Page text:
Organizations need to be proactive and vigilant about policing their AI to ensure it’s fair to everyone. This means building truly unbiased AI data models, proactively monitoring them, and analyzing their outputs. Is the AI treating all genders, ethnicities, age groups, zip codes, incomes, religious groups, etc. the same way?
Fair AI usually isn’t top of mind until a company makes a mistake – and the results can be damaging. When it comes to bias, in some cases, AI has to be “better” than the society we live in. For instance, Northpointe’s Correctional Offender Management Profiling for Alternative Sanctions (COMPAS) AI tool was found to be discriminating against African-American offenders – declaring that they were twice as likely to re-offend than white criminals. The root of the problem was that the decisions were based on skewed data in the justice system that was inherently biased and perpetuated an unfair stereotype.
Companies need to show how AI arrived at a decision, especially when it comes to highly regulated industries like financial services and insurance. Late last year, a high-profile company was under attack for its credit card offerings, because it supposedly offered higher credit limits for men as compared to women with similar financial circumstances and backgrounds. Because the chosen AI model wasn’t transparent about how it made its decisions – a condition known as “black box” or “opaque” AI – the company appeared to be biased against women.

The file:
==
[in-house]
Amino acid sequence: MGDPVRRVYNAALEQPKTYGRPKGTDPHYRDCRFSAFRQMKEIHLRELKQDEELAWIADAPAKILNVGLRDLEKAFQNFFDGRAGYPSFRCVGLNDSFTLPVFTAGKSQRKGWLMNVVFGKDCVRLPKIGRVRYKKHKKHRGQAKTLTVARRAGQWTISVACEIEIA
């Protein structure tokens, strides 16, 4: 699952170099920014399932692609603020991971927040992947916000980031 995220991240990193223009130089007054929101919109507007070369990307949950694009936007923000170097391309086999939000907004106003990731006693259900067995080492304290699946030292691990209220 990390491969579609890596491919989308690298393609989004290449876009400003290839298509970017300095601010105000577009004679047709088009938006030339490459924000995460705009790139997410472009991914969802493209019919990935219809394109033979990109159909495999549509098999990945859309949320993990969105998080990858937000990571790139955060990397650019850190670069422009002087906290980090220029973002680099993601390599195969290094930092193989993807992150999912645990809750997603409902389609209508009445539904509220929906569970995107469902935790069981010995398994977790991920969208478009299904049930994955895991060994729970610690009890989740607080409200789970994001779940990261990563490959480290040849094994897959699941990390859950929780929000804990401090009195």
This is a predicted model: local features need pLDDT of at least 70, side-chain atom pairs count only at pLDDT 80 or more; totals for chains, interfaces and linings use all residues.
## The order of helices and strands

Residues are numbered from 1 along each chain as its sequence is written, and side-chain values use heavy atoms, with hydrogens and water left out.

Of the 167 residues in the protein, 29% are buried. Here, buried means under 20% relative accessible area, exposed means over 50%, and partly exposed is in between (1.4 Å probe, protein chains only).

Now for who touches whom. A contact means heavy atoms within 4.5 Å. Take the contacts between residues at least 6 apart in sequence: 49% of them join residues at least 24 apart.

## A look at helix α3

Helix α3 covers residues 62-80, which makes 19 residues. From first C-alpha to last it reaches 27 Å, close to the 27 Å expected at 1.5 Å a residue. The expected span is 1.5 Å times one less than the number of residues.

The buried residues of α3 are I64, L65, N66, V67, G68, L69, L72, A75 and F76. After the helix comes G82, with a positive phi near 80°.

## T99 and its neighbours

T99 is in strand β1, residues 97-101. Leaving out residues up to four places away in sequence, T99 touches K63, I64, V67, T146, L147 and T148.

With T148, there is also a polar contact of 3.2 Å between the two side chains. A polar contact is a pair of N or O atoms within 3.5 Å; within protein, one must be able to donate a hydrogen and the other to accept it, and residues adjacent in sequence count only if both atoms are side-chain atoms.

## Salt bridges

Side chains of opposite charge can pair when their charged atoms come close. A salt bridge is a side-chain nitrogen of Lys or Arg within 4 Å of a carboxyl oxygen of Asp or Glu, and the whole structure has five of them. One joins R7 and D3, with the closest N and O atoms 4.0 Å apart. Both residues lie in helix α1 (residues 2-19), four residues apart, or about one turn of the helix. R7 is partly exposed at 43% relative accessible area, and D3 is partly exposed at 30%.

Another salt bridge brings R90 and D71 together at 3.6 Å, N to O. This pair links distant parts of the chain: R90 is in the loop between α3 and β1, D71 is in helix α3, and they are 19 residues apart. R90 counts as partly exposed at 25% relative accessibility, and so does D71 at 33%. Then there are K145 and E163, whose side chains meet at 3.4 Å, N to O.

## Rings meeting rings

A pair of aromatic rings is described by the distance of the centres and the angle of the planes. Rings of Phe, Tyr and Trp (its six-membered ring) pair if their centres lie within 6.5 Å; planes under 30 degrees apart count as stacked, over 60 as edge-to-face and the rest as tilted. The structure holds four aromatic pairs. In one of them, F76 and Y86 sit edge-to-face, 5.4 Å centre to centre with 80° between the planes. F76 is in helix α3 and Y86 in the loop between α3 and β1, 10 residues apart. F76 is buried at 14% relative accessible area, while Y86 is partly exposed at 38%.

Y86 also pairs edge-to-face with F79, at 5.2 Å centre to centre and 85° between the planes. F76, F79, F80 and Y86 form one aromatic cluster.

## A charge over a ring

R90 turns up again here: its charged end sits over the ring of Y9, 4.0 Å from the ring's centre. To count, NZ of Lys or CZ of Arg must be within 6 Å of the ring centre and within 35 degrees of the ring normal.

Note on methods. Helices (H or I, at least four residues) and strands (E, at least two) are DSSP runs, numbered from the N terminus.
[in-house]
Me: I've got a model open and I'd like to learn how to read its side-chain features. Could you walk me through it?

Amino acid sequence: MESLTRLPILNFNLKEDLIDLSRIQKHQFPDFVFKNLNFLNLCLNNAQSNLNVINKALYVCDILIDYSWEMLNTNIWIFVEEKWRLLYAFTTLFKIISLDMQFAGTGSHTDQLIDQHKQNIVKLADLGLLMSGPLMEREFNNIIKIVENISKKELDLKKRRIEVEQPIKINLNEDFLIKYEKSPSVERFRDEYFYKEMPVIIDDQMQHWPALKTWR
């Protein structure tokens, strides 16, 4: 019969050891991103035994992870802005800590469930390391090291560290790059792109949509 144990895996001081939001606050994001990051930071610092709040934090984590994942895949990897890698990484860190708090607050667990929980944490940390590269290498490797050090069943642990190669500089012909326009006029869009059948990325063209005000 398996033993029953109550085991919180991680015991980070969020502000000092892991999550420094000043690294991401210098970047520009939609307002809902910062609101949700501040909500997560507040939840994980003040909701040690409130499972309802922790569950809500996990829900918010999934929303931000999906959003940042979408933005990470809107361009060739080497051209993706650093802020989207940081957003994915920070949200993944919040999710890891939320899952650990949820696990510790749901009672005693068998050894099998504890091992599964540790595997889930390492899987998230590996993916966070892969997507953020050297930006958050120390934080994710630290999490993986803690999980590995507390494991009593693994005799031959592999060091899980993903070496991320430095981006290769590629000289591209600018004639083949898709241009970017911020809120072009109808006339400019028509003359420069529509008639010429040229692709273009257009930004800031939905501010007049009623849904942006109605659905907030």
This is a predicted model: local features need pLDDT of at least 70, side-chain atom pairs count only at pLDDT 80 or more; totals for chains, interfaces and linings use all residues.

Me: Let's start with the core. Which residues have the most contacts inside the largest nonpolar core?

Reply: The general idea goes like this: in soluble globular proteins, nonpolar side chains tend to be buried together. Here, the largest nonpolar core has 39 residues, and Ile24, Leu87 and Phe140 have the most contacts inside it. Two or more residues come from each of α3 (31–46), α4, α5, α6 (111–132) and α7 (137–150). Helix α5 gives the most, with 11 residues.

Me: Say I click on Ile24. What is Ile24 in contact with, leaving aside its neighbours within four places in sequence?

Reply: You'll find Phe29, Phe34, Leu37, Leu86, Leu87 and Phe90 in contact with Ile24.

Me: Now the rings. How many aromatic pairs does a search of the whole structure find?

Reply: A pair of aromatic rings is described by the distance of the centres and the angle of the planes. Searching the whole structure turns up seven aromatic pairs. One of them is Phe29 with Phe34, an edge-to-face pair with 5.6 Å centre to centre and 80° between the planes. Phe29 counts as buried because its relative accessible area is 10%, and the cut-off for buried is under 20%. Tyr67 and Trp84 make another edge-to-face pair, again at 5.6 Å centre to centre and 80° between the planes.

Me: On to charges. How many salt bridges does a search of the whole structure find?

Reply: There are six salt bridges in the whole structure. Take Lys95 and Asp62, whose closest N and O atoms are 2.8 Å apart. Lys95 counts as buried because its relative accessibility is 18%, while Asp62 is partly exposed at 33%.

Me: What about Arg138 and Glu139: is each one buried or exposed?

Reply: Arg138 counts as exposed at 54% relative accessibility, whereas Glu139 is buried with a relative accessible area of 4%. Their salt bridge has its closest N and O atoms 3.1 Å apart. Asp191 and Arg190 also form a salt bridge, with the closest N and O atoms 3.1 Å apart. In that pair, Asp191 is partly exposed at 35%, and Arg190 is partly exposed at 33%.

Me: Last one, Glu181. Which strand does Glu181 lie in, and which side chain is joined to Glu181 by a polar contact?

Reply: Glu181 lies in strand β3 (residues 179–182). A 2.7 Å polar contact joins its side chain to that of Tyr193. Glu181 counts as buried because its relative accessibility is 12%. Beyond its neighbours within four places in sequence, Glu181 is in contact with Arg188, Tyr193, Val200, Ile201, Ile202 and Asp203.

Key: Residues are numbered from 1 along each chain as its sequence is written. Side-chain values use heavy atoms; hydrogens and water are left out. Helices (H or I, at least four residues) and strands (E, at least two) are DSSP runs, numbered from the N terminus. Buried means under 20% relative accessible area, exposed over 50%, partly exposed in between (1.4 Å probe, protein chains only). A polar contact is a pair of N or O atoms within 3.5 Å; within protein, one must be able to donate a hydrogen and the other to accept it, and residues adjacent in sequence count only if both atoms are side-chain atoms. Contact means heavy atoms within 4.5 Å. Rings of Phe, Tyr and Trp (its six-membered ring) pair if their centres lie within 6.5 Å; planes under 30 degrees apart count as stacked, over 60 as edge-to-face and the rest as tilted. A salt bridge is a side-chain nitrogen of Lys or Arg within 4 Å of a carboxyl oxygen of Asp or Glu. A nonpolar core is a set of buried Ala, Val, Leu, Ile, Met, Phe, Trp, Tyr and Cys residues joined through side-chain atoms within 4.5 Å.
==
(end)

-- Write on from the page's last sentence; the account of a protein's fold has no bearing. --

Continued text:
Companies must be proactive about certifying their algorithms, clearly communicating their policies on bias, and providing a clear explanation of why decisions were made, especially when there’s a problem. They should also consider using transparent and explainable algorithms for regulated/higher-risk use-cases like credit approvals to make it easier for frontline employees to understand and explain their decisions to customers.
The need for companies to show empathy for their customers has never been greater. Empathy in AI means that the decisions it makes are relevant, helpful, and put the customers’ needs first. It means looking at a customer’s complete context to understand exactly what they need “right now” in the moment. It’s knowing when to sell – but it’s just as important to know when to serve, retain, and just stay quiet.